According to a patient survey published in “Drug Safety,” doctors frequently ignored or dismissed patients’ complaints about side effects of statin drugs. This study offers strong suggestion that this pattern of dismissal extend to other drugs, including vaccinations, as well.
This pattern highlights the problem of the severe under-reporting of adverse drug reactions, leading both doctors and patients to believe that drugs are far safer than they really are. In reality, as many as 90 to 99 percent of all serious side effects are never reported, and therefore never included in the equation.
Adverse side effects following vaccinations should be reported to the federal Vaccine Adverse Event Reporting System (VAERS). However, like all other adverse event reporting, it is still voluntary.
It is estimated that fewer than 10 percent of adverse events after vaccinations are ever reported to VAERS, perhaps even as low as one to four percent.
Most doctors will simply deny the possibility that a vaccine has harmed a healthy patient, and when the vaccine is mandatory, their denial can run even deeper. Most frequently, in the case of mandated vaccines, the strategy used is to highlight the seriousness of the disease, while denying the potential complications from the vaccine itself.
Meningococcal disease and the Menactra vaccine is one such case in point.
Meningococcal disease is a serious bacterial inflammation of the covering of your brain and spinal cord that can lead to brain damage, loss of limbs, and death. It is, however, a very rare disease, affecting between 1,400 to 2,800 American adults and children each year.
There are 13 meningococcal organism subgroups, and five serotypes (A, B, C, Y, and W-135) are responsible for nearly all cases of the disease worldwide. In the United States, serotypes B, C, and Y cause the majority of cases.
Sanofi licensed the Menactra vaccine in 2005, and the CDC immediately recommended it for universal use in all 11- to 18-year olds. Menactra protects against serotypes A, C, Y, and W-135, but not B, which causes one-third of all cases in the U.S. and more than 50 percent of the cases in young infants.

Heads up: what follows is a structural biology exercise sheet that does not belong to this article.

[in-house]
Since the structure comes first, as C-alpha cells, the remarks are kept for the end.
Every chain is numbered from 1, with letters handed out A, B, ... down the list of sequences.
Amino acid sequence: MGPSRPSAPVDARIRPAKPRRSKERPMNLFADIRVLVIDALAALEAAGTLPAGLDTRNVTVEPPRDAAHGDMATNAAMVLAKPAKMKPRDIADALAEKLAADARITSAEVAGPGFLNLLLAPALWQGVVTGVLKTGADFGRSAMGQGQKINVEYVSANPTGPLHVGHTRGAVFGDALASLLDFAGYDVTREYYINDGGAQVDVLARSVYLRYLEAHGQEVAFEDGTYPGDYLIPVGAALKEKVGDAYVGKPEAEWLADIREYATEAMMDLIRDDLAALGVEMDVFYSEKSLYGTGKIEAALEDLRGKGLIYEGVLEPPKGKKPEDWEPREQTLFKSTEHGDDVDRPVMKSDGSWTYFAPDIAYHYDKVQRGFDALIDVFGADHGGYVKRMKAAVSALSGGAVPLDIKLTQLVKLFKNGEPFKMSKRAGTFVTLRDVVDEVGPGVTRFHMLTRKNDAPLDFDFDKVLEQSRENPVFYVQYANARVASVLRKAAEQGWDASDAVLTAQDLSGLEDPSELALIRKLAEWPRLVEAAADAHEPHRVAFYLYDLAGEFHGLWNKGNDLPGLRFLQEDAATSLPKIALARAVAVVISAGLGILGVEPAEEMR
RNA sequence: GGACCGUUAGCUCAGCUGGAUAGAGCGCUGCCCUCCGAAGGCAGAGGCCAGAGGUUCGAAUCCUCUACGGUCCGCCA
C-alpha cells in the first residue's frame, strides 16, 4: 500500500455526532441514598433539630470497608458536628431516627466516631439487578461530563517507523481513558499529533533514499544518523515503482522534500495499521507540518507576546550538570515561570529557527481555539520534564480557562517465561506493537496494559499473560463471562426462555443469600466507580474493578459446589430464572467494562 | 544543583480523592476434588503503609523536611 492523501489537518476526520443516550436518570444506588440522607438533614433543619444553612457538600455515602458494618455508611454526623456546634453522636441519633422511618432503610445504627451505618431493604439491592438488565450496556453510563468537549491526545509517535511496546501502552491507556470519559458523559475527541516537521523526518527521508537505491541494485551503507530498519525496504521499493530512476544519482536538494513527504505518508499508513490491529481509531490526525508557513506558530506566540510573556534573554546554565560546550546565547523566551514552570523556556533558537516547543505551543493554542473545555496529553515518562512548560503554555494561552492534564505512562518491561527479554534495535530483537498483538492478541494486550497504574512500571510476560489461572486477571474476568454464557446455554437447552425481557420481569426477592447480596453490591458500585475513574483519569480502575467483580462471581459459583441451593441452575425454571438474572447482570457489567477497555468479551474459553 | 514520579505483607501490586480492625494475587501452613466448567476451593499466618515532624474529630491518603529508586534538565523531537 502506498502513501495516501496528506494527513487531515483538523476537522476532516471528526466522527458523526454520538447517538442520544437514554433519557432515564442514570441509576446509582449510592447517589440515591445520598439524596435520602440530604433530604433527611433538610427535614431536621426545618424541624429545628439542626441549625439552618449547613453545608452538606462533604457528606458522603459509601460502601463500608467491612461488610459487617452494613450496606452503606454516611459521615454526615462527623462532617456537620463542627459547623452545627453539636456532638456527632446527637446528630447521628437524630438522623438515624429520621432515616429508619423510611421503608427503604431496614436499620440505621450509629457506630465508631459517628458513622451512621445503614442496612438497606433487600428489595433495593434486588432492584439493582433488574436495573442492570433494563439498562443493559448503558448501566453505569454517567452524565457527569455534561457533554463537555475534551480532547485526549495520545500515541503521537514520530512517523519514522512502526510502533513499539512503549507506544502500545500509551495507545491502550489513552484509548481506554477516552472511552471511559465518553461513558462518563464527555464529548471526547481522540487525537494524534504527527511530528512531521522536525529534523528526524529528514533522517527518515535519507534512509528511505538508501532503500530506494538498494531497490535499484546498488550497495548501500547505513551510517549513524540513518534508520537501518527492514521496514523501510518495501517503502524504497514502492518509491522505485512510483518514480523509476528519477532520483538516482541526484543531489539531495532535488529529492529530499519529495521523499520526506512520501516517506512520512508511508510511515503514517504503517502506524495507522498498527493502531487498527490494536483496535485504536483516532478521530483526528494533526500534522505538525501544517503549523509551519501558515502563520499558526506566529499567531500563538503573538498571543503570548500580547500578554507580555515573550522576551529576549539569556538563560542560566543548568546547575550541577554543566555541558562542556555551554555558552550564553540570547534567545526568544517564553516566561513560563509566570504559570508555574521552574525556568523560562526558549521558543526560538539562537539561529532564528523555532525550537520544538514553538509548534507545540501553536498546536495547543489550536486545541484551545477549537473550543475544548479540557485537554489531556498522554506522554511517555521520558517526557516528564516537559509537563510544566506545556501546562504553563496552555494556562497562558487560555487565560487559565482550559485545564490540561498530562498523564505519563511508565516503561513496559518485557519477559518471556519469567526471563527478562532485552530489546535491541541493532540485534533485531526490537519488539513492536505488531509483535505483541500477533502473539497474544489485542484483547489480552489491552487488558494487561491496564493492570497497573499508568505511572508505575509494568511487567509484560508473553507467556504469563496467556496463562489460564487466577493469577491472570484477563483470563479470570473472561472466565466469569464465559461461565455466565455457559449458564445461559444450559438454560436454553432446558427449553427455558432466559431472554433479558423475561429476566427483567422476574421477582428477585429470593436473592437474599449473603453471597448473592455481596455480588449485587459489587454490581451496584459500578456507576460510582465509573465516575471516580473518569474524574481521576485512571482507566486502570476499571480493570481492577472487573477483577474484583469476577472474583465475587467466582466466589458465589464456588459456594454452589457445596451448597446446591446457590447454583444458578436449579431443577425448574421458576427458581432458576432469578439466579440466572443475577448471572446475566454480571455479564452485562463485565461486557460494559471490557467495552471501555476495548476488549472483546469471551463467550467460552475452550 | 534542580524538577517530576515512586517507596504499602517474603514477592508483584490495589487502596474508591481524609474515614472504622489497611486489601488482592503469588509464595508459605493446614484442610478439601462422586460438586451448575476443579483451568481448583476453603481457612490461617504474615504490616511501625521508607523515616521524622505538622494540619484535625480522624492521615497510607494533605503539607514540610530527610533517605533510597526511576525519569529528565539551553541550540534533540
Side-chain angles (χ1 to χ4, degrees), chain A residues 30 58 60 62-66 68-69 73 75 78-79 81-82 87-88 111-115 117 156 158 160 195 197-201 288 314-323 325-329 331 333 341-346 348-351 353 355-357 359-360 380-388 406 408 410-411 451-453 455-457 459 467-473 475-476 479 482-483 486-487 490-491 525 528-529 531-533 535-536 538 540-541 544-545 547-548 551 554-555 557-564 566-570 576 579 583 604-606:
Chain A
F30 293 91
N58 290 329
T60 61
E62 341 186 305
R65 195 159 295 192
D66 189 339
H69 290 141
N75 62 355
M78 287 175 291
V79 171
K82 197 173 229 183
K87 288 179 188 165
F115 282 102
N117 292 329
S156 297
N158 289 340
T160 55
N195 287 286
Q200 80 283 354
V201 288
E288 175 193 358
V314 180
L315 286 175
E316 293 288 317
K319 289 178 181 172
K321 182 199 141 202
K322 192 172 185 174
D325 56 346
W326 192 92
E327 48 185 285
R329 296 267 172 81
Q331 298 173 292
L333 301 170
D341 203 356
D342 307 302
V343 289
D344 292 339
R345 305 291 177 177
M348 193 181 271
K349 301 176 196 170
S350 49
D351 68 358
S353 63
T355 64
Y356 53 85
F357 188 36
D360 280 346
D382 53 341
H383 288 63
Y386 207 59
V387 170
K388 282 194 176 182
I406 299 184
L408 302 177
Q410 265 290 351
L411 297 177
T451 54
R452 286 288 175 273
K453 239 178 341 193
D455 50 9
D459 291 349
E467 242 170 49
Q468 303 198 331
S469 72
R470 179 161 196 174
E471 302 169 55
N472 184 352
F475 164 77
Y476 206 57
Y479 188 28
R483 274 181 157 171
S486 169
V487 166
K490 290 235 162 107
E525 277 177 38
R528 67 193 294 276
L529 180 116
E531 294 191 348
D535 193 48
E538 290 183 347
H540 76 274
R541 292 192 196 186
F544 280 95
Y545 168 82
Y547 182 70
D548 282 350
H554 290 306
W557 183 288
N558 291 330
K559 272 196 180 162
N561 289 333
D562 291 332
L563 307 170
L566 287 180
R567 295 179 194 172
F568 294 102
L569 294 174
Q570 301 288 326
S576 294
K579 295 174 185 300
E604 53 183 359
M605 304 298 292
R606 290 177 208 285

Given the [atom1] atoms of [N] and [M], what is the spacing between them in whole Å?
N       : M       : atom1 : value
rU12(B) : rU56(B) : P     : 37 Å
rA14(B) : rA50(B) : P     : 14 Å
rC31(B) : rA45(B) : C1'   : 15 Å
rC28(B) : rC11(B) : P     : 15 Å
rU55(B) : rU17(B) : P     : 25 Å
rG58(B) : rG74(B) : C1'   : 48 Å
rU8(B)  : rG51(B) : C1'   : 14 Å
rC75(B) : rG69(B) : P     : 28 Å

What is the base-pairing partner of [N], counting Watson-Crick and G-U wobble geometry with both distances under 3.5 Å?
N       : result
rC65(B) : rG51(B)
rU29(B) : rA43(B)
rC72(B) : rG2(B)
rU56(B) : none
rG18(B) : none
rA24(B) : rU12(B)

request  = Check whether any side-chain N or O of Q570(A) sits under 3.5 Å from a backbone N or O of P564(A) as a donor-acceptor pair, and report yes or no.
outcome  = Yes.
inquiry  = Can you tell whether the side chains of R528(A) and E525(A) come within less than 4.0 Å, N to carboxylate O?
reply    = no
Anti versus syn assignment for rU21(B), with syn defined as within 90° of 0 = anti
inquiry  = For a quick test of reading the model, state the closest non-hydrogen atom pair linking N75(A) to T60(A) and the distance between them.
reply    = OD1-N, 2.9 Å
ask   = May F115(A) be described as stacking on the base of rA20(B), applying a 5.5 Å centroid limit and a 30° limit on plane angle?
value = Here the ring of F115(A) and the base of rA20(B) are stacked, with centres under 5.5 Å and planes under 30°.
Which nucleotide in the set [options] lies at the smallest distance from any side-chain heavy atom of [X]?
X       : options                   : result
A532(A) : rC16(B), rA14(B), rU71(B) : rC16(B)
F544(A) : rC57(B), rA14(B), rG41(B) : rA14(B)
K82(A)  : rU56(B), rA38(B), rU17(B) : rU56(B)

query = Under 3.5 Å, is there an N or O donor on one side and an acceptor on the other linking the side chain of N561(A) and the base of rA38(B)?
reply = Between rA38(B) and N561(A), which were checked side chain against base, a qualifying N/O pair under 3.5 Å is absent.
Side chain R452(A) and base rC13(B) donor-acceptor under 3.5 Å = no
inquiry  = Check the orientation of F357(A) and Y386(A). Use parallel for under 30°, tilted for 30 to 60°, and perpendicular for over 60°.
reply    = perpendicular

Therefore, Menactra actually offers zero protection against meningococcal disease 30 to 50 percent of the time, depending on your age.
Many adverse effects were found during Sanofi’s clinical trials, and two deaths have been reported to VAERS since its release. Within its first year, five cases of Guillain-Barre Syndrome (GBS) were also reported to VAERS, which prompted the FDA to issue a warning for parents and doctors to monitor for signs of GBS after administrating the vaccine. By October 2006, 15 cases of GBS had been reported.
With the current push for the HPV (Gardasil) vaccine, it should also be noted that adverse event reports in cases where Gardasil and Menactra were administered simultaneously have skyrocketed.
When Gardasil was administered at the same time as Menactra, reports of:
Guillain-Barre Syndrome increased by 1,000 percent
Respiratory problems increased by 114 percent
Cardiac problems increased by 118 percent
Neuromuscular and coordination problems increased by 234 percent
Convulsions and nervous system problems increased by 301 percent
Vaccine Awakening September 13, 2007
National Vaccine Information Center August 14, 2007 (Free Full Text PDF Report: Human Papilloma Virus Vaccine Safety: Analysis of Vaccine Adverse Events Reporting System Reports)
American Journal of Public Health 1995; 85:1706-9 (Free Full Text Report: The Reporting Sensitivities of Two Passive Surveillance Systems for Vaccine Adverse Events)
Johns Hopkins Bloomberg School of Public Health (Free Full Text Report: VAERS: Usefulness and Limitations)
MedWatch October, 1996 (Free Full Text Report: The Clinical Impact of Adverse Event Reporting)